Most recently, a post about another event called Derby Days was deleted from the website. Derby Days is another philanthropic event hosted every spring by Sigma Chi, a U of O international fraternity.
According to Meagan Tapia, president of the sorority Theta Sigma Psi, the event, which started on March 3 this year and ran until March 10, features sororities competing against each other to raise the most funds for CHEO. Tapia explained that competitions are theme based, and subject to change every year, “but are generally things like air bands, bake sales, artistic competitions, and scavenger-type games.”
However, a former sorority member who has attended the event claims that it also features a sexualized dance competition, where girls are judged based on their level of perceived attractiveness, and that members of the fraternity are referred to as ‘Derby Dads.’ She also mentioned that the sororities who compete to raise money for CHEO aren’t credited and the donation is given in the fraternity’s name.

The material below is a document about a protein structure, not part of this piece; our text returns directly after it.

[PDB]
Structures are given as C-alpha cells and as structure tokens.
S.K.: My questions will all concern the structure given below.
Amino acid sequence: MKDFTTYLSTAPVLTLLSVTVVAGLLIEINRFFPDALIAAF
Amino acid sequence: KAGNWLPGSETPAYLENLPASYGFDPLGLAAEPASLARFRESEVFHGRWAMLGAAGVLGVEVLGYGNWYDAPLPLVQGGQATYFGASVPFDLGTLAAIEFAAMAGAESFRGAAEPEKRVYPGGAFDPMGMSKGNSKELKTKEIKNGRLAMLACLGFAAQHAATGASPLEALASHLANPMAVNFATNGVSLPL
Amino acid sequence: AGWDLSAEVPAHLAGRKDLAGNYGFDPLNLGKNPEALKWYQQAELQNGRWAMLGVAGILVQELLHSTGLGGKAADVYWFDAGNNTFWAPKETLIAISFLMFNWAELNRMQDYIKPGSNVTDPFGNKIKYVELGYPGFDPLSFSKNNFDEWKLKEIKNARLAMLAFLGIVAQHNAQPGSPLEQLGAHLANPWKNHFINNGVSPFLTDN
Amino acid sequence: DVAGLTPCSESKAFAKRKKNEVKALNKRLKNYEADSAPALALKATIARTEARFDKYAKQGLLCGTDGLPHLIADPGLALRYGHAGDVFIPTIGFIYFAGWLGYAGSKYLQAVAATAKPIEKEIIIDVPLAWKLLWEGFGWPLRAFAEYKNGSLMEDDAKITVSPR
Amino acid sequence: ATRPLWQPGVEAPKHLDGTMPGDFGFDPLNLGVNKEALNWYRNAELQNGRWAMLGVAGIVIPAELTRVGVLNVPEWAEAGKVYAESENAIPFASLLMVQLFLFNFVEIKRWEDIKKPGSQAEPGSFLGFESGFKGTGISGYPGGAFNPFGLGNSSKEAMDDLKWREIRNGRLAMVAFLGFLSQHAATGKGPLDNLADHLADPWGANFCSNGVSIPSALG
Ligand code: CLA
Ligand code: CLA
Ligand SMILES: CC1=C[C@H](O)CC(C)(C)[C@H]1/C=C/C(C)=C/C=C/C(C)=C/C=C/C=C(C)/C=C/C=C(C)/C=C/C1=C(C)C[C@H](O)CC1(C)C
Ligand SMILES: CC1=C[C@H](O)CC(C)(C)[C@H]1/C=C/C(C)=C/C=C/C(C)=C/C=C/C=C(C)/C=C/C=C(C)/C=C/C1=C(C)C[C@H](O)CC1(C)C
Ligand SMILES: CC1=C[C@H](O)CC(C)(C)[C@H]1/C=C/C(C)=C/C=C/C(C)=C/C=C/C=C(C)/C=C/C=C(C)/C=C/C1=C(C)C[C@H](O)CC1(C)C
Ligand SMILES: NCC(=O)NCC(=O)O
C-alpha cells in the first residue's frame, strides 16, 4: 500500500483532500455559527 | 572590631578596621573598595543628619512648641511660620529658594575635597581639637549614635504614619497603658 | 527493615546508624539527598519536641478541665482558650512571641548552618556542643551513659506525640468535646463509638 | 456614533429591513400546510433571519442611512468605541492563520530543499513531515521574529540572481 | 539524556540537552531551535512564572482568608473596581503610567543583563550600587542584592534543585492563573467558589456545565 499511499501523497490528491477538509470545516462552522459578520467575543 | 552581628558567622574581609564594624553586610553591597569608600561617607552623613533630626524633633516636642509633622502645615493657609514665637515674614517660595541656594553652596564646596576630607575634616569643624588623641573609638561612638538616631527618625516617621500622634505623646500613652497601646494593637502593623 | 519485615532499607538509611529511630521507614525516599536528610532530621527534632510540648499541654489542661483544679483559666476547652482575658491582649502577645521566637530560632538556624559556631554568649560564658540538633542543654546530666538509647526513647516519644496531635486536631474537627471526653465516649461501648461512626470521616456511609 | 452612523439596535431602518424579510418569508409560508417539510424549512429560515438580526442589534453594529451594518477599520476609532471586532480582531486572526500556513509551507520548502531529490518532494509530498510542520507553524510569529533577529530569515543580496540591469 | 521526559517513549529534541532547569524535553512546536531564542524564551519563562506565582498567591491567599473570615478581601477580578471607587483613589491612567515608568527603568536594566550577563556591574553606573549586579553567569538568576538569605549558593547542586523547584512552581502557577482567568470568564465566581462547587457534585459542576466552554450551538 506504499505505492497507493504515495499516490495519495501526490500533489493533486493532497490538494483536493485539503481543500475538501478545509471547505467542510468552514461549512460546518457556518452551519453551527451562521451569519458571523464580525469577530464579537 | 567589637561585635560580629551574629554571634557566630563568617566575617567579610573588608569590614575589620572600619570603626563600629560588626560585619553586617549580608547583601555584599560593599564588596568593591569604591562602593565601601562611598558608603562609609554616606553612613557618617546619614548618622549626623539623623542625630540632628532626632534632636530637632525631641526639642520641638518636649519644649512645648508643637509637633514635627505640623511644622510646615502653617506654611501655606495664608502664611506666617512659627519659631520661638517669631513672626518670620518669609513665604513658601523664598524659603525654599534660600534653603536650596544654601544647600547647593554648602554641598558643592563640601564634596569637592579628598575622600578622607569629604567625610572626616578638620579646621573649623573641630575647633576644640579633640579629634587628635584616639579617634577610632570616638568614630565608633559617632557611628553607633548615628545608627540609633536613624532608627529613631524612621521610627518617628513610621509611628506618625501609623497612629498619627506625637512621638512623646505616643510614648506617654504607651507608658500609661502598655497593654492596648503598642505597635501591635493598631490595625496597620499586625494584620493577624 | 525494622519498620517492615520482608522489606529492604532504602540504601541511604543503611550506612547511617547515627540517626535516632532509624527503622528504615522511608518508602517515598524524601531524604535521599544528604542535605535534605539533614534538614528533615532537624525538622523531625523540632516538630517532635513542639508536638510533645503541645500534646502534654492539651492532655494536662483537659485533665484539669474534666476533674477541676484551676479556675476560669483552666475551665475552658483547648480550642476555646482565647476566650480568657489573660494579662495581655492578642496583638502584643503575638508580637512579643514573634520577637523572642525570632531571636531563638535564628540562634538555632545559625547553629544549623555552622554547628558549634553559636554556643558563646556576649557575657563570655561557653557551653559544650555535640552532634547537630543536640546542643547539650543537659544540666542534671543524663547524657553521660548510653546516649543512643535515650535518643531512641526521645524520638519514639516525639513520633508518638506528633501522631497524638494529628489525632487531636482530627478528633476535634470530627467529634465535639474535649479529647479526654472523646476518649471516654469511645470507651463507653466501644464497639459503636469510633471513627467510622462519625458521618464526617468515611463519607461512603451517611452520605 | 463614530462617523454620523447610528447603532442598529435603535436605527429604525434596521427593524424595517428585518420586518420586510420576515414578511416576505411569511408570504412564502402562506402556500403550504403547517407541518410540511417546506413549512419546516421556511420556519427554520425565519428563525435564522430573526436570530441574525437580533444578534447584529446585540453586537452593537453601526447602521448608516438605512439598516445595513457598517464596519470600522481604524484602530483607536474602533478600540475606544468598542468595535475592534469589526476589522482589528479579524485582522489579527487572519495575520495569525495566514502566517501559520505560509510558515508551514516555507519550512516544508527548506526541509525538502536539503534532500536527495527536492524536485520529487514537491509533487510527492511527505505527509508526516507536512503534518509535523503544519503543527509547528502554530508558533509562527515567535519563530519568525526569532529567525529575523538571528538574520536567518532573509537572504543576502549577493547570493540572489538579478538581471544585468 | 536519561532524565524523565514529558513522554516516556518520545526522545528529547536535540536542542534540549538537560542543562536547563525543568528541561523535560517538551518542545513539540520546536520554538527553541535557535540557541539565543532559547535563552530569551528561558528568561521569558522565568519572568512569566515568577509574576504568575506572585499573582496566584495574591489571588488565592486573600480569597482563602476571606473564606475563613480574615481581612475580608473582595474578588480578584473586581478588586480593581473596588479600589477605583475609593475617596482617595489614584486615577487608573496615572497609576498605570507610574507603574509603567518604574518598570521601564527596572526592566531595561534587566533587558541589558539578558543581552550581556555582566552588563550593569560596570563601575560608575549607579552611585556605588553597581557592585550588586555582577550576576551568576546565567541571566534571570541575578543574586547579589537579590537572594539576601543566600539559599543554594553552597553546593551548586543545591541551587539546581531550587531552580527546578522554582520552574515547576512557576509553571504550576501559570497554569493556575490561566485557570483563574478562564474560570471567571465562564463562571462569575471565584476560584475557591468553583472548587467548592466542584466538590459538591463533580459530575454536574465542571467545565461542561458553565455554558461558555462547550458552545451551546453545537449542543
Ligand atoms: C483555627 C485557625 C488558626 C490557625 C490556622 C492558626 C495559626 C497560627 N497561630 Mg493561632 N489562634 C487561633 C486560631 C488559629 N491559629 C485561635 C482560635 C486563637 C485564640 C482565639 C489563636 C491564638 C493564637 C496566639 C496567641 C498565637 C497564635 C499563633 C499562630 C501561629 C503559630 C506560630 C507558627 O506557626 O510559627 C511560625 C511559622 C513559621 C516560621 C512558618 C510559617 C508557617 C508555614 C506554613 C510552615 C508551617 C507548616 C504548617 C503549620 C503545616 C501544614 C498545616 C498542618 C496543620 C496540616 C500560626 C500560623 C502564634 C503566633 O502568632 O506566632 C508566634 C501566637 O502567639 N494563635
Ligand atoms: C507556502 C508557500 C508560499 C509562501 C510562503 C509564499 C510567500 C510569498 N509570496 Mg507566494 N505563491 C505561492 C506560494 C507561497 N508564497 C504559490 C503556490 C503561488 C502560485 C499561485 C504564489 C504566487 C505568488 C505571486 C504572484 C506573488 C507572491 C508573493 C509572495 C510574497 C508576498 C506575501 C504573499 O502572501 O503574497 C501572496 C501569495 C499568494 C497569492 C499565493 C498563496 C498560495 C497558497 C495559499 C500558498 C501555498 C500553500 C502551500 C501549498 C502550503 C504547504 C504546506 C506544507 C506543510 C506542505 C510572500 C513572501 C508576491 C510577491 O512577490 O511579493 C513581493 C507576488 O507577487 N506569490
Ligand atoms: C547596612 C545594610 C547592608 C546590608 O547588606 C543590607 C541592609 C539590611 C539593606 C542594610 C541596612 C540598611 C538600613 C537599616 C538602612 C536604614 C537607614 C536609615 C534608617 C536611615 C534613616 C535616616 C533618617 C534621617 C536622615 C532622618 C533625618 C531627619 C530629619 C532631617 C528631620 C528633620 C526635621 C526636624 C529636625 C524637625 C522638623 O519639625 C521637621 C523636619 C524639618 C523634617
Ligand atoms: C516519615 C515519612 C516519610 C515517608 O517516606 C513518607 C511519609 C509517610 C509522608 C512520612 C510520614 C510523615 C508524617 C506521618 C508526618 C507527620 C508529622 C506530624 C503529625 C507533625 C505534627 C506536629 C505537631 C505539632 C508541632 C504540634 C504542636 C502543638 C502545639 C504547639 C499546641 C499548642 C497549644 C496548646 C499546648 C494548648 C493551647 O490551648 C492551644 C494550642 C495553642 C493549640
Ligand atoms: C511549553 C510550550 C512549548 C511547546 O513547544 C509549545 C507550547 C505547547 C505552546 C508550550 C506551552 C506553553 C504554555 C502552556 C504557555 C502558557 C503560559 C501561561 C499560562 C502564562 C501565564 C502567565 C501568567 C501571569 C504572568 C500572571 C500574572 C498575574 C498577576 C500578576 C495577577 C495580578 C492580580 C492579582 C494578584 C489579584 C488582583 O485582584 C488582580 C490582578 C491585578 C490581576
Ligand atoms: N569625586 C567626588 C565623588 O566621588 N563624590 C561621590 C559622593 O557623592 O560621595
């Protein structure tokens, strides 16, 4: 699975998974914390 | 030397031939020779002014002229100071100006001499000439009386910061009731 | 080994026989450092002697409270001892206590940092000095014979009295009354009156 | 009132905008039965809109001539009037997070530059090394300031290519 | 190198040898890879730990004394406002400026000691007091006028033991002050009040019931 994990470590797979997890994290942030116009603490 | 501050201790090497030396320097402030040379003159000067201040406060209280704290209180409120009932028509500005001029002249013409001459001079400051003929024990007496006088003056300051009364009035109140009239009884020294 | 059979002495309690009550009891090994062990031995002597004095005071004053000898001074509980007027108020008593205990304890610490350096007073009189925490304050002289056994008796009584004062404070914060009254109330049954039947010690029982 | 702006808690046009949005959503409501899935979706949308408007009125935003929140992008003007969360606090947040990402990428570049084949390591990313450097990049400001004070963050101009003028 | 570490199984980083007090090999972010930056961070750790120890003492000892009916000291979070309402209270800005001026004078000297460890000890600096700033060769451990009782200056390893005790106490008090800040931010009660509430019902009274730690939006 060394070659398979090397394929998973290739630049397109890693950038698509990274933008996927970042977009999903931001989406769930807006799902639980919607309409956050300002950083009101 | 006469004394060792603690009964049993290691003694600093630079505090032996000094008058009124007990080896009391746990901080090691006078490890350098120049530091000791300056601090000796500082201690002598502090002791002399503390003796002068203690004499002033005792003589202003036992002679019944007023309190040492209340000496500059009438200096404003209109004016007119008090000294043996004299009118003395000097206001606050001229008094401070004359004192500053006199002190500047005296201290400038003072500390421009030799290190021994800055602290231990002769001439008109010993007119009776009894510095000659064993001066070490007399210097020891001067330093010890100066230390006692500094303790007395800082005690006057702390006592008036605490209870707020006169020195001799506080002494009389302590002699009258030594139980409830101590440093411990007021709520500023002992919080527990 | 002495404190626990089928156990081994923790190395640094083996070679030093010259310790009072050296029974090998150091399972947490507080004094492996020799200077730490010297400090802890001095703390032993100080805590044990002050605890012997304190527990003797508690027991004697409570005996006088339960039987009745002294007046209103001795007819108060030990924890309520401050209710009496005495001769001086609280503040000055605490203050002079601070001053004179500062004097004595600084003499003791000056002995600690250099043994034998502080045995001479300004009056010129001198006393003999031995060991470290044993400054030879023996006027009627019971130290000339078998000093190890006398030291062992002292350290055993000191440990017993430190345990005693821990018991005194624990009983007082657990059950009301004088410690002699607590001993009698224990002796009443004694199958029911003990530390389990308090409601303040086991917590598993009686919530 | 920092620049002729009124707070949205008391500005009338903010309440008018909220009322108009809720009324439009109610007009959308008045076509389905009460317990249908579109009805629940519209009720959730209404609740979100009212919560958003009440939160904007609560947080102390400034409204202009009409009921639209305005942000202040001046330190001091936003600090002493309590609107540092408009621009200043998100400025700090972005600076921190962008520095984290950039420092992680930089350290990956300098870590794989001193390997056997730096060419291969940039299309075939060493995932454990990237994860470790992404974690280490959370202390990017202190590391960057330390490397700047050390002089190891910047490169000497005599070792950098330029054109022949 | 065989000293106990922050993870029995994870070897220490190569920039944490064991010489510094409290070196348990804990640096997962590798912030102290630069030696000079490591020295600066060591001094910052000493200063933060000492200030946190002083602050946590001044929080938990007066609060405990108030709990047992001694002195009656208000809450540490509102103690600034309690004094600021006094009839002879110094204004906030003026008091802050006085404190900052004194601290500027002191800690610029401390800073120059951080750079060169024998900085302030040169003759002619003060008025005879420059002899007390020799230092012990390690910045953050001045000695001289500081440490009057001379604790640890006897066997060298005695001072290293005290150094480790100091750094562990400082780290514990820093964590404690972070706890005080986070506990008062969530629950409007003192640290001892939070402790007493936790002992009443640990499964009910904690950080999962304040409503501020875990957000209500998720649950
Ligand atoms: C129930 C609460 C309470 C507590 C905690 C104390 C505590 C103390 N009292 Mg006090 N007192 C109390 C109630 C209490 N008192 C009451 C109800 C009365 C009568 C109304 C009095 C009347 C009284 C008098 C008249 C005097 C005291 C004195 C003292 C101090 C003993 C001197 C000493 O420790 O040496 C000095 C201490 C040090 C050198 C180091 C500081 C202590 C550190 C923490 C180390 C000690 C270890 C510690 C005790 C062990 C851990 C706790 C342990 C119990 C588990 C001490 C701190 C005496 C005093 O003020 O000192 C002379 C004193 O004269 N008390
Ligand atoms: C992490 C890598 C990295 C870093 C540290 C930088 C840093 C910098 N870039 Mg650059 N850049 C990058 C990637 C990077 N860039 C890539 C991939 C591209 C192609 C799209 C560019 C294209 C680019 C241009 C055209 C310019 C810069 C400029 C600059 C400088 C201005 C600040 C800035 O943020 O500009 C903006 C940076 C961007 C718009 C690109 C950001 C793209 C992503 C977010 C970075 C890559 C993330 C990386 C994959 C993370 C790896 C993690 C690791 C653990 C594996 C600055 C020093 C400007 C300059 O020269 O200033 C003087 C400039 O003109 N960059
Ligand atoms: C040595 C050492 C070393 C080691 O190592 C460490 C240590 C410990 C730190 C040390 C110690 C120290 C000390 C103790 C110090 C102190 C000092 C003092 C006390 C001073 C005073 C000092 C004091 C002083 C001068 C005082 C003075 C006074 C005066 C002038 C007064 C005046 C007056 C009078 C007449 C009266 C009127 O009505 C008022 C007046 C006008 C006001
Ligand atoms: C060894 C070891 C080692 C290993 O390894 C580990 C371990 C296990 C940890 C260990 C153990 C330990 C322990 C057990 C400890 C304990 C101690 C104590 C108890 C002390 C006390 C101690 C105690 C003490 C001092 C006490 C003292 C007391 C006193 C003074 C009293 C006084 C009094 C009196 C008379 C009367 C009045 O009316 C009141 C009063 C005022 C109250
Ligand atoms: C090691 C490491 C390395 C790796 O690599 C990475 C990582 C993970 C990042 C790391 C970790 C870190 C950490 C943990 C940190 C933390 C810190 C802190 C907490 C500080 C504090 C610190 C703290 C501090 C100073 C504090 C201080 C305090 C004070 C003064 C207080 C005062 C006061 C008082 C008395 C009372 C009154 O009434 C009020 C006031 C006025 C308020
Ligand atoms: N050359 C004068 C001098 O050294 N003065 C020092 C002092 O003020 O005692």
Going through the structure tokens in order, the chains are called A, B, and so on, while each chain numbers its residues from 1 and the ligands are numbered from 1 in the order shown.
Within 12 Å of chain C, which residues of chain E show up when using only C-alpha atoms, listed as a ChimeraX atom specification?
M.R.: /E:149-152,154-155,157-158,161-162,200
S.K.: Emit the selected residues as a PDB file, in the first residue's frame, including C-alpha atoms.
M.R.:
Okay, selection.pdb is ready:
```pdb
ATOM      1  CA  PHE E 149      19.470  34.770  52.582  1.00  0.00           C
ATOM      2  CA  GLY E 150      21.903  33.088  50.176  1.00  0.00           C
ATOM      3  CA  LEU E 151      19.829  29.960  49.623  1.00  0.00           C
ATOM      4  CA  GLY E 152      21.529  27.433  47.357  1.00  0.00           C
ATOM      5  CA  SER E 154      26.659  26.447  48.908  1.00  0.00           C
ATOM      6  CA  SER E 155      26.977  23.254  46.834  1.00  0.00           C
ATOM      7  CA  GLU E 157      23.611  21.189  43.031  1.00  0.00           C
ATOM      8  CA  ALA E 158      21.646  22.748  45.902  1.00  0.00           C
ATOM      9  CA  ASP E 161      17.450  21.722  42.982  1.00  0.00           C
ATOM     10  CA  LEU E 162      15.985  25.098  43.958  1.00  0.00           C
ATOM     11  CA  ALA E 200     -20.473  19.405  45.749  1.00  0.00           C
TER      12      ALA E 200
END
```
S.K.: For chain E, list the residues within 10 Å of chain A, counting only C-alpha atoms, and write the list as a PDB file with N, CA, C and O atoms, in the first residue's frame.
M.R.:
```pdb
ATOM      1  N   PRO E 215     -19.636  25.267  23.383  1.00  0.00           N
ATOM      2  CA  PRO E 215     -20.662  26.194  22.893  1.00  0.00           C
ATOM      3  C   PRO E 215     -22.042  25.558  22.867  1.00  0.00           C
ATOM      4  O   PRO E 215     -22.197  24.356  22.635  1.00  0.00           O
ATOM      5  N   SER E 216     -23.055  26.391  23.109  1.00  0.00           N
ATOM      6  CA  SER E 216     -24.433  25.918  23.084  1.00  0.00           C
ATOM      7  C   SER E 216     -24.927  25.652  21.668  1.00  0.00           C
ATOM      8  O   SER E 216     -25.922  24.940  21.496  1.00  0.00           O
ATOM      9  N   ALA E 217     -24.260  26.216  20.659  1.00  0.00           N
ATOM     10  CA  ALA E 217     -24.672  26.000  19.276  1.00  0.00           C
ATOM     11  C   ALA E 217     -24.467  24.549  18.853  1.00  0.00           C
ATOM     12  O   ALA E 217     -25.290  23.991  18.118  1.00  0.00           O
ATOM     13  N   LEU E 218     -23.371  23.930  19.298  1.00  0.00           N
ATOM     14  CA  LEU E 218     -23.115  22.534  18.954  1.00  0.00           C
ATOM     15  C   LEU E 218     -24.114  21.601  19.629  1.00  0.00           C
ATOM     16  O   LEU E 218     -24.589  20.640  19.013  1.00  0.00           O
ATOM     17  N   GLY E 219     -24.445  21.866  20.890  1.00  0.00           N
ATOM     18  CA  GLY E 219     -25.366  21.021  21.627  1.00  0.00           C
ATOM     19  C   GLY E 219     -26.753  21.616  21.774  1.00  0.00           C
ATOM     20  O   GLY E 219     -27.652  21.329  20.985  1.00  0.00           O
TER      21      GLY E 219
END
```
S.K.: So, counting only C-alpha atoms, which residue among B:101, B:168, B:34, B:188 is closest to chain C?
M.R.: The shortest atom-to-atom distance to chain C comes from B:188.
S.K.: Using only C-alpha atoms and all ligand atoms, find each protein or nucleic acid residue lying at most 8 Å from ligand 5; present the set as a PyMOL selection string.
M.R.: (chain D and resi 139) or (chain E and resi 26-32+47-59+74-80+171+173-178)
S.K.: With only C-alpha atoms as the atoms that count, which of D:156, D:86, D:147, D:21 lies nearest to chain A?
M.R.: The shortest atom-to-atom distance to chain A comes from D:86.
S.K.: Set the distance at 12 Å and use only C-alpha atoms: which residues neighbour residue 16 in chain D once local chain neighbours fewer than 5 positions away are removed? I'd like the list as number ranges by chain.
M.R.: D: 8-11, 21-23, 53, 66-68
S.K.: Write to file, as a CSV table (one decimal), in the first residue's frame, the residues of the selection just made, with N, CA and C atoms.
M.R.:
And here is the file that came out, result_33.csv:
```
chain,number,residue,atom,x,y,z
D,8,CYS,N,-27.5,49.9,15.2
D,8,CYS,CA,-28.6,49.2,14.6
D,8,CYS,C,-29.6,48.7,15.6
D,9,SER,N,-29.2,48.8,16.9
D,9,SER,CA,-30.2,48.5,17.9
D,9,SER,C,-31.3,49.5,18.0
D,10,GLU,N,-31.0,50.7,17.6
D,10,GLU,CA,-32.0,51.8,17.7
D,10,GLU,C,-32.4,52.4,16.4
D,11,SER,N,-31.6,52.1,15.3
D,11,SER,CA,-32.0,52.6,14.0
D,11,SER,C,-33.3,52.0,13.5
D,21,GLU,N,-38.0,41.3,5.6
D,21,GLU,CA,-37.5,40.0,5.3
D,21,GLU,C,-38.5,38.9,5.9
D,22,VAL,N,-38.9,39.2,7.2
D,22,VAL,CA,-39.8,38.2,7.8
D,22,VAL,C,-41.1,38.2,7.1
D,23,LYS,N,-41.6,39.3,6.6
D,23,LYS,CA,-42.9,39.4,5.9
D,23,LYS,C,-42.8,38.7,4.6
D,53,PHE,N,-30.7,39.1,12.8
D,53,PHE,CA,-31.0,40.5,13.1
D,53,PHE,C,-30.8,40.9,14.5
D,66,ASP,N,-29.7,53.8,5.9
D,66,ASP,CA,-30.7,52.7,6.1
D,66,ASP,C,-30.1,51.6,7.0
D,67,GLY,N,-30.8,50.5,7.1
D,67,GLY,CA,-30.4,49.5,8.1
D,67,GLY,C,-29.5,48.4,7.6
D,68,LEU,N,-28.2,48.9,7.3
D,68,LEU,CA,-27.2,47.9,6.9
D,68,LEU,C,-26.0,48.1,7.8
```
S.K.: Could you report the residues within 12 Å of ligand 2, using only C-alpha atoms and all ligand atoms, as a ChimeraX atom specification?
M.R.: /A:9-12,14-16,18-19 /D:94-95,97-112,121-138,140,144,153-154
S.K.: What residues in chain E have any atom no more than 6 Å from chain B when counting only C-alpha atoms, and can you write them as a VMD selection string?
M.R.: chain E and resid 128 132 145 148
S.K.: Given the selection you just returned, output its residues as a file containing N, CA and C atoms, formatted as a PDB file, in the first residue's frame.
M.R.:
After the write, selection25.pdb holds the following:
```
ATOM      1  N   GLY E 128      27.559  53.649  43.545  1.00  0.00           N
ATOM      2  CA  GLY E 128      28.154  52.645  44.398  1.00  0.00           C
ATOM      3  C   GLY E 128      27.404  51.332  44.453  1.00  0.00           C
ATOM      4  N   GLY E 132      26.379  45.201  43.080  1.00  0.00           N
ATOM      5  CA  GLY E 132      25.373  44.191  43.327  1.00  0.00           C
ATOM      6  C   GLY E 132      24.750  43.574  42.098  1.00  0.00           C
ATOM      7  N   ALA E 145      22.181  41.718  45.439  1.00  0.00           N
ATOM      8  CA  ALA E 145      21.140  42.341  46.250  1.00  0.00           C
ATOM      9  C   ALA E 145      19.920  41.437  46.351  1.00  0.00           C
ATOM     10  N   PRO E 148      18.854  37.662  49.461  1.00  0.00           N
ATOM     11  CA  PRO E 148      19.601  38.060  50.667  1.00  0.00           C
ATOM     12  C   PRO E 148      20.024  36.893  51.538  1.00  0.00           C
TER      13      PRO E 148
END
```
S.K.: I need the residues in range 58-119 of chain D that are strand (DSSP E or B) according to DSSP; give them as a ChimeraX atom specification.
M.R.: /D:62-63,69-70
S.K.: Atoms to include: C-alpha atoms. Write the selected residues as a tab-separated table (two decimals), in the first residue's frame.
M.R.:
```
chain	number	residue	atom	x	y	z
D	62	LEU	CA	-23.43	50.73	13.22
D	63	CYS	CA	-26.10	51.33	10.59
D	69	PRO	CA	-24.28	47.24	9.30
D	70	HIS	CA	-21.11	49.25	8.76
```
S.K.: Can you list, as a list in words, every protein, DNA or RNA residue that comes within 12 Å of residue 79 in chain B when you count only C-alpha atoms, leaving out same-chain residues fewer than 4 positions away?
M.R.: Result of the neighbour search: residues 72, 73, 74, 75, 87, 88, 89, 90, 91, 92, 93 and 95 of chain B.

In this same vein, sources also spoke about the pressure within the community for sororities to support fraternity events, regardless of whether or not those fraternities have allegations of sexual assault against them. According to a former sorority member, members are expected to show up to fraternity events, parties, and mixers if their organization receives the “privilege” of being invited.
“If we were to question,‘this is very patriarchal, why are we doing this, why can’t we have our own joint fundraiser?’ everyone would be like ‘it’s something that everyone does, all the other sororities do it, how would it make us look if we didn’t do it too?’” she said.